System Administration Guide, Volume 1

User ID Numbers

Associated with each user name is a user identification (UID) number. The UID number identifies the user name to any system on which the user attempts to log in, and it is used by systems to identify the owners of files and directories. If you create user accounts for a single individual on a number of different systems, always use the same user name and user ID. In that way, the user can easily move files between systems without ownership problems.

UID numbers must be a whole number less than or equal to 2147483647, and they are required for both regular user accounts and special system accounts. The table below lists the UID numbers reserved for user accounts and system accounts.

Table 2-1 Reserved UID Numbers

User ID Numbers 

Login Accounts 

Reserved For ... 

0 - 99  

root, daemon, bin, sys, etc.

System accounts 

100 - 2147483647 

Regular users 

General purpose accounts 



Unauthenticated users 



Compatibility with Solaris 2.0 and compatible versions and SVR4 releases 

Although UID numbers 0 through 99 are reserved, you can add a user with one of these numbers. However, do not use them for regular user accounts. By definition, root always has UID 0, daemon has UID 1, and pseudo-user bin has UID 2. In addition, you should give uucp logins and pseudo user logins, like who, tty, and ttytype, low UIDs so they fall at the beginning of the passwd file.

As with user (login) names, you should adopt a scheme to assign unique UIDs. Some companies assign unique employee numbers, and administrators add 1000 to the employee number to create a unique UID number for each employee.

To minimize security risks, you should avoid reusing the UIDs from deleted accounts. If you must reuse a UID, "wipe the slate clean" so the new user is not affected by attributes set for a former user. For example, a former user might have been denied access to a printer--by being included in a printer deny list--but that attribute might not be appropriate for the new user. If need be, you can use duplicate UIDs in an NIS+ domain if the supply of unique UIDs is exhausted.

Using Large User IDs and Group IDs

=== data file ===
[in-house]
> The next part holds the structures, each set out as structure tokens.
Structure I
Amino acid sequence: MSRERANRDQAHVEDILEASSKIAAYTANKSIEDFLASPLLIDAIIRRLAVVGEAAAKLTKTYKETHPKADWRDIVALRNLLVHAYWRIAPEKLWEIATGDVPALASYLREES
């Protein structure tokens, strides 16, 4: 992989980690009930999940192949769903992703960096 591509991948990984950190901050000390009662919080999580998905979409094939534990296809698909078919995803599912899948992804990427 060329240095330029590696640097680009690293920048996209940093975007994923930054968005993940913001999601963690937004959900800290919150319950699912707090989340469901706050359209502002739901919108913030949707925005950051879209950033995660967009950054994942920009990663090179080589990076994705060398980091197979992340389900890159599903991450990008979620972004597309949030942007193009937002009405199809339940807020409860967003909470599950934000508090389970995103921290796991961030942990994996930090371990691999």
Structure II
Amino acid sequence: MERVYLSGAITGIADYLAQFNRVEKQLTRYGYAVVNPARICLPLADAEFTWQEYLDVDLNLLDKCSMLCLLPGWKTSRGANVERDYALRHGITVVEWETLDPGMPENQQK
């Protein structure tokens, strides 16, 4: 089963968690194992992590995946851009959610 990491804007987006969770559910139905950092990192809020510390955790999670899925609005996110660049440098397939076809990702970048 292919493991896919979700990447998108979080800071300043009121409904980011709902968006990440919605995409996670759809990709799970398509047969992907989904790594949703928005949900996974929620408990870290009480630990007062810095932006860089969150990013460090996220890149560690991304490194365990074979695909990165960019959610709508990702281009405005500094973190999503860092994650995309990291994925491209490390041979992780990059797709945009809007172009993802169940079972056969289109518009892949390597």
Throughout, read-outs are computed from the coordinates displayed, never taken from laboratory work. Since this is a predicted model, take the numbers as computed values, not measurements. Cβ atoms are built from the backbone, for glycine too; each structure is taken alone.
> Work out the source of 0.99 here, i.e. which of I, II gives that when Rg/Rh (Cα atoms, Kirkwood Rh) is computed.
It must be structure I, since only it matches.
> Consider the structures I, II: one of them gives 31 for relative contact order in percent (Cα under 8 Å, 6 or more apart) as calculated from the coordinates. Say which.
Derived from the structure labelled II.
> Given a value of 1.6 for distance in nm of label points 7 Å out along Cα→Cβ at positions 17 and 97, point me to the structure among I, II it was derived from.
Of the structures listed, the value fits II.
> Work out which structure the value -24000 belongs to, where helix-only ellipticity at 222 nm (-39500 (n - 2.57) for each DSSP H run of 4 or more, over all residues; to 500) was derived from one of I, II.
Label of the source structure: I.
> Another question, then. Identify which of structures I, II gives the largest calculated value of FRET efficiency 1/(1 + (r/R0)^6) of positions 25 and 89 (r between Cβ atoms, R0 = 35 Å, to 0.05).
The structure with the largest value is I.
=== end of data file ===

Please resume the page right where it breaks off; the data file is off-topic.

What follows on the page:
Previous Solaris software releases used 32-bit data types to contain the user IDs (UIDs) and group IDs (GIDs), but UIDs and GIDs were constrained to a maximum useful value of 60000. Starting with the Solaris 2.5.1 release and compatible versions, the limit on UID and GID values has been raised to the maximum value of a signed integer, or 2147483647.

UIDs and GIDs over 60000 do not have full functionality and are incompatible with many Solaris features, so avoid using UIDs or GIDs over 60000.

The table below describes interoperability issues with previous Solaris and Solaris product releases.

Table 2-2 Interoperability Issues for UIDs/GIDs Over 60000




NFSTM Interoperability

SunOSTM 4.0 NFS software and compatible versions

NFS server and client code truncates large UIDs and GIDs to 16 bits. This can create security problems if SunOS 4.0 and compatible machines are used in an environment where large UIDs and GIDs are being used. SunOS 4.0 and compatible systems require a patch.  

Name Service Interoperability 

NIS name service File-based name service 

Users with UIDs above 60000 can log in or use the su command on systems running the Solaris 2.5 and compatible versions, but their UIDs and GIDs will be set to 60001 (nobody).


NIS+ name service  

Users with UIDs above 60000 are denied access on systems running Solaris 2.5 and compatible versions and the NIS+ name service.  

Printed UIDs/GIDs 

OpenWindows File Manager 

Large UIDs and GIDs do not display correctly if the OpenWindowsTM File Manager is used with the extended file listing display option.

Table 2-3 Large UID/GID Limitation Summary

A UID or GID Of ... 


60003 or greater  

  • Users in this category logging into systems running Solaris 2.5 and compatible releases and the NIS or files name service get a UID and GID of nobody.

65535 or greater  

  • Solaris 2.5 and compatible releases systems running the NFS version 2 software see UIDs in this category truncated to 16 bits, creating possible security problems.

  • Users in this category using the cpio command (using the default archive format) to copy file see an error message for each file and the UIDs and GIDs are set to nobody in the archive.

  • SPARC based systems: Users in this category running SunOS 4.0 and compatible applications see EOVERFLOW returns from some system calls, and their UIDs and GIDs are mapped to nobody.

  • IA based systems: Users in this category running SVR3-compatible applications will probably see EOVERFLOW return codes from system calls.

  • IA based systems: If users in this category attempt to create a file or directory on a mounted System V file system, the System V file system returns an EOVERFLOW error.

100000 or greater  

  • The ps -l command displays a maximum five-digit UID so the printed column won't be aligned when they include a UID or GID larger than 99999.

262144 or greater  

  • Users in this category using the cpio command (using -H odc format) or the pax -x cpio command to copy files see an error message returned for each file, and the UIDs and GIDs are set to nobody in the archive.

1000000 or greater  

  • Users in this category using the ar command have their UIDs and GIDs set to nobody in the archive.

2097152 or greater  

  • Users in this category using the tar command, the cpio -H ustar command, or the pax -x tar command have their UIDs and GIDs set to nobody.